A standalone device to convert sunlight, CO2, and water into fuel

Paving the way toward sustainable and practical solar fuel production.

Developed by scientists from the University of Cambridge, a new device can convert carbon dioxide, water, and sunlight into clean fuels. This wireless device-based on an advanced ‘photosheet’ technology- is a significant step toward achieving artificial photosynthesis.

Despite being a promising way to reduce carbon emissions, this new device could be scaled up and used on energy ‘farms’ similar to solar farms.

Achieving artificial photosynthesis with a high degree of selectivity is quite difficult. Thus, converting as much of the sunlight as possible into the fuel you want is better rather than be left with a lot of waste.

Professor Erwin Reisner, the paper’s senior author said, “In addition, storage of gaseous fuels and separation of by-products can be complicated – we want to get to the point where we can cleanly produce a liquid fuel that can also be easily stored and transported.”

The device do not require additional components or electricity. It solely relies on photocatalysts embedded on a sheet to produce a so-called photocatalyst sheet. The sheets are made up of semiconductor powders, which can be prepared in large quantities easily and cost-effectively.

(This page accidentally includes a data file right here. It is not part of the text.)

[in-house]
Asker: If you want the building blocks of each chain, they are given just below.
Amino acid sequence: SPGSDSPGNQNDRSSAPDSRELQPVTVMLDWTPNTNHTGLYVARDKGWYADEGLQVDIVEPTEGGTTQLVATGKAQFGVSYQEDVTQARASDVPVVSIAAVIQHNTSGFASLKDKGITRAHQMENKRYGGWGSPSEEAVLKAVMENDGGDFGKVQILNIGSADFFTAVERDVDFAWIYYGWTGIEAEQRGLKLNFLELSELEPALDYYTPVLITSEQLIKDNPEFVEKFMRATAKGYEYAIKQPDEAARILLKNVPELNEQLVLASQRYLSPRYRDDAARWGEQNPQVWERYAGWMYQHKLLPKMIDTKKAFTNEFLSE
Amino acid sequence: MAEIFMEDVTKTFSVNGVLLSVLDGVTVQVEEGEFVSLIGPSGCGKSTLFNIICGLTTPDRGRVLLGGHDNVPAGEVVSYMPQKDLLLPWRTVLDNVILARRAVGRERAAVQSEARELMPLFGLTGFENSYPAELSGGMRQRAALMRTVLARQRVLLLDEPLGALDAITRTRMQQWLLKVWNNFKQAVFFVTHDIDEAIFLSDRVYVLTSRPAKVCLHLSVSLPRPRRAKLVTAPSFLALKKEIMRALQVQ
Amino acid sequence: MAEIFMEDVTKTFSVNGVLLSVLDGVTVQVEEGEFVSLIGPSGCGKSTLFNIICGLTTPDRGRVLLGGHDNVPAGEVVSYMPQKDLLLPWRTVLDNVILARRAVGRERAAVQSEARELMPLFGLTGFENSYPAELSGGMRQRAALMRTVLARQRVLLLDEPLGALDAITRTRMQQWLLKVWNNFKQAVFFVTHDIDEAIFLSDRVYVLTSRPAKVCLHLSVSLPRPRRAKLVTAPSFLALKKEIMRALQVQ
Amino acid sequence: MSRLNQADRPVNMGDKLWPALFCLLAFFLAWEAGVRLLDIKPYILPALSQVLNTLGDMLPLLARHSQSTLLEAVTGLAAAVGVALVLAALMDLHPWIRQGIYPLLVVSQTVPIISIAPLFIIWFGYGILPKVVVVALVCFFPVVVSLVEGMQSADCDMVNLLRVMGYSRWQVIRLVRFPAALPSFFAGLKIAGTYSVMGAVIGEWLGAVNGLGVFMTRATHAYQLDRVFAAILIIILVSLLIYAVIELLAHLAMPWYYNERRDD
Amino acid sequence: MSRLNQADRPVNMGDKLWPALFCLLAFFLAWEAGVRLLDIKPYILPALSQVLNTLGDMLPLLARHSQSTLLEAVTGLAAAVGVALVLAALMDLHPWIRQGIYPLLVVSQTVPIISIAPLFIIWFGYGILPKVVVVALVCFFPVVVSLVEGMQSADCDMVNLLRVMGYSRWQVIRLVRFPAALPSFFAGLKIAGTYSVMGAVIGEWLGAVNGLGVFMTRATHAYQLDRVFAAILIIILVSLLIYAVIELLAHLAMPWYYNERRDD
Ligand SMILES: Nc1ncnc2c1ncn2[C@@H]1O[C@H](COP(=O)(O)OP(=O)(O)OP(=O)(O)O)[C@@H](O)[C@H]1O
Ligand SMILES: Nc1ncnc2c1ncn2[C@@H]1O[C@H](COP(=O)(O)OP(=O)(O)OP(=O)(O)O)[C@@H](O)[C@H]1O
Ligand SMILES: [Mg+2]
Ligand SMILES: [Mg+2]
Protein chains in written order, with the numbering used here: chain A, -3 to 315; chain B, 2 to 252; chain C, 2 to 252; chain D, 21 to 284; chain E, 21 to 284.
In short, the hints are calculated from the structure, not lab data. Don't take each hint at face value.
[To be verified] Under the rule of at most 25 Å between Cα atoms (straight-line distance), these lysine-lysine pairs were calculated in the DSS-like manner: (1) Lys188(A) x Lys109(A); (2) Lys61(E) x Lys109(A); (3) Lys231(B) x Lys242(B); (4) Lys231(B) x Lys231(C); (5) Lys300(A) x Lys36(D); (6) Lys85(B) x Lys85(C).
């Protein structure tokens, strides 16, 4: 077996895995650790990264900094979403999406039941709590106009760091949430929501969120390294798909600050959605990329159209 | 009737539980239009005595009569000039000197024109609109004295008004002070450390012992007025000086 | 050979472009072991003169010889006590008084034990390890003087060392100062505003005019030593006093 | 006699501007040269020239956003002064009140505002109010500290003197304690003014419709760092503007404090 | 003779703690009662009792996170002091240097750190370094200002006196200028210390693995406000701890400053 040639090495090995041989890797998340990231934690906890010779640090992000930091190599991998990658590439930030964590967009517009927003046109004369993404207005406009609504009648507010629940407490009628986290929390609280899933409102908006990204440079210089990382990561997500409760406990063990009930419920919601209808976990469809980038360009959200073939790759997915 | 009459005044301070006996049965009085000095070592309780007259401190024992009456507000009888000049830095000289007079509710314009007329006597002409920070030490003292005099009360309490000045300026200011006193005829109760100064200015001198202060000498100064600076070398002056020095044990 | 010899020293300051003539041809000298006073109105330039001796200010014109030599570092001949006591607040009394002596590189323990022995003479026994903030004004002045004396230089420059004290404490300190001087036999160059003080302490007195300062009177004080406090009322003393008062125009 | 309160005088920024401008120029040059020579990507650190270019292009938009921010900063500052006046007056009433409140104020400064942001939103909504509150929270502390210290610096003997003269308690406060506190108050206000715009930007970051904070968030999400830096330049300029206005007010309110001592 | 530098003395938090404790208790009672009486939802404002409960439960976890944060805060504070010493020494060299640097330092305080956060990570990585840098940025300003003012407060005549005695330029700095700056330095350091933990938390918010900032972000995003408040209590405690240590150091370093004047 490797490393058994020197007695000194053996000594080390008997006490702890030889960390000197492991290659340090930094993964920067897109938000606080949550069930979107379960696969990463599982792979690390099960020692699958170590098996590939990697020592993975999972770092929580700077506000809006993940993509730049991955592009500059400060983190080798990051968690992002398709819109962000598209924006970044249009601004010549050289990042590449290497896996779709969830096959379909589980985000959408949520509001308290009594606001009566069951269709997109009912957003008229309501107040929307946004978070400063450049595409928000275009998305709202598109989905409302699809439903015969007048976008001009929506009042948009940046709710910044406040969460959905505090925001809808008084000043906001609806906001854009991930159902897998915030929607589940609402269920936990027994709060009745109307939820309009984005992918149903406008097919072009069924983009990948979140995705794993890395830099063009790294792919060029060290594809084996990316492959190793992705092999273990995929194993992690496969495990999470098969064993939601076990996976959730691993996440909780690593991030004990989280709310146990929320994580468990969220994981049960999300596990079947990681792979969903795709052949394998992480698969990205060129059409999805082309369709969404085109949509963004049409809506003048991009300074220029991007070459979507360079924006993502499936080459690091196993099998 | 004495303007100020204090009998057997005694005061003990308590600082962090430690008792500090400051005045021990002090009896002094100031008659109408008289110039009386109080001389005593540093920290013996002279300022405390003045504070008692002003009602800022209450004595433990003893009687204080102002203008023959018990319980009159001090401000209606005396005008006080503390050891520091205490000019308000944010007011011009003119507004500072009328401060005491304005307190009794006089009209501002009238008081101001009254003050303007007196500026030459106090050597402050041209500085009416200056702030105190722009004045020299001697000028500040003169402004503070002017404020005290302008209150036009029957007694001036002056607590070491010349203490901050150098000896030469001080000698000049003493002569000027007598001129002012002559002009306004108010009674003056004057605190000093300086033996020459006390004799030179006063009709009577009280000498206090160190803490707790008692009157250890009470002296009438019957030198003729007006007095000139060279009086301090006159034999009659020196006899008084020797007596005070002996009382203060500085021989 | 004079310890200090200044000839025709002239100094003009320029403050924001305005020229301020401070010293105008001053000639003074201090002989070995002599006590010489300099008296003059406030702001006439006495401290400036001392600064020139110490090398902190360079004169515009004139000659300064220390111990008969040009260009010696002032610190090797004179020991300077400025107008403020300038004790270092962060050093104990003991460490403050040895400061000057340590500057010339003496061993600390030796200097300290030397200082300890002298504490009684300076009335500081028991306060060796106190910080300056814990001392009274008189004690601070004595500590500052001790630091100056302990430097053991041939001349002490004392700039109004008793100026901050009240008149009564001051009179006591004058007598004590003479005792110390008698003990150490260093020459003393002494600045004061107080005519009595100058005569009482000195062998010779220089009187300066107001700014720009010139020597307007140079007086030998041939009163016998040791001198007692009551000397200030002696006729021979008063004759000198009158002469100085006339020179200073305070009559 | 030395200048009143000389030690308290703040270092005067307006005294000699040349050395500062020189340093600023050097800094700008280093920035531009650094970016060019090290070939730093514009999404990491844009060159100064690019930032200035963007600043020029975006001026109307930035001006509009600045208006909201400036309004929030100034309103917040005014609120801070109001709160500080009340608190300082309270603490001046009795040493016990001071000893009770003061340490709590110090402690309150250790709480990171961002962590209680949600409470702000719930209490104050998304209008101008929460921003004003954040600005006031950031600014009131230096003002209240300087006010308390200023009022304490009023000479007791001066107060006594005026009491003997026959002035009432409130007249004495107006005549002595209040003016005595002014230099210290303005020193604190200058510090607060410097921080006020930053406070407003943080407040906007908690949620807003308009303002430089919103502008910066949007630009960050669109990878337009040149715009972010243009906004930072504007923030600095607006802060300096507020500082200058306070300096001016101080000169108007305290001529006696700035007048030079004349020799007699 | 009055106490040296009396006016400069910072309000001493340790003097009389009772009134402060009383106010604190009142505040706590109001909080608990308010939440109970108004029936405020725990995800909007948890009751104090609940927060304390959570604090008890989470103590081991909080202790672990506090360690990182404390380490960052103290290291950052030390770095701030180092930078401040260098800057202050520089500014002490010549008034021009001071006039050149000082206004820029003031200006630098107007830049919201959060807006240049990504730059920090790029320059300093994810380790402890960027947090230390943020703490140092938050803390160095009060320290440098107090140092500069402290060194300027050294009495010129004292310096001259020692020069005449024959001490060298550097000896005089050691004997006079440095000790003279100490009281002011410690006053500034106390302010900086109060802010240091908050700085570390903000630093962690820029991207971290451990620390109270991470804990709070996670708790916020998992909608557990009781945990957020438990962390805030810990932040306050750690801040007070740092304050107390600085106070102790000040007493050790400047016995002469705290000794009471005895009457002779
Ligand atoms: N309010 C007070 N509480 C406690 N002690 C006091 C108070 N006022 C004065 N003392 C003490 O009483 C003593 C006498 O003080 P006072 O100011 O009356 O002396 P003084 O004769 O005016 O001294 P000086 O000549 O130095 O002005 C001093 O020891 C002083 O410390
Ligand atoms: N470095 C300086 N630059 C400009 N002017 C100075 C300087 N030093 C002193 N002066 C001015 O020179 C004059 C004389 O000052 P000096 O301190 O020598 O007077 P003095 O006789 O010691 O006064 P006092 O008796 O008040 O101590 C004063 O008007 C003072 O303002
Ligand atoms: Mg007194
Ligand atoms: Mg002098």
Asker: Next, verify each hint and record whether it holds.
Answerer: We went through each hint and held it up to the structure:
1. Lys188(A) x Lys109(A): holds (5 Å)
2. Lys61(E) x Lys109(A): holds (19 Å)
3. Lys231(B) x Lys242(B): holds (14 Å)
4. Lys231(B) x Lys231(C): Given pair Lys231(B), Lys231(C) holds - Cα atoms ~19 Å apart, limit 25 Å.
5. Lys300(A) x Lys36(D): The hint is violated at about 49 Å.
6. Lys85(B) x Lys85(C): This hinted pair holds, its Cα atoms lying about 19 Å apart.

Furthermore, the technology is more robust and produces clean fuel that is easier to store and shows potential for producing fuel products at scale. 

First author Dr. Qian Wang from Cambridge’s Department of Chemistry said, “The test unit is 20 square centimetres in size, but the researchers say that it should be relatively straightforward to scale it up to several square meters. In addition, the formic acid can be accumulated in solution, and be chemically converted into different types of fuel.”

“We were surprised how well it worked in terms of its selectivity – it produced almost no by-products. Sometimes things don’t work as well as you expected, but this was a rare case where it actually worked better.”

“While this technology will be easier to scale up than the artificial leaf, the efficiencies still need to be improved before any commercial deployment can be considered. The researchers are experimenting with a range of different catalysts to improve both stability and efficiency.”

Professor Reisner said“We hope this technology will pave the way toward sustainable and practical solar fuel production.”

Journal Reference:
  1. Qian Wang et al. ‘Molecularly engineered photocatalyst sheet for scalable solar formate production from carbon dioxide and water.’ Nature Energy (2020). DOI: 10.1038/s41560-020-0678-6

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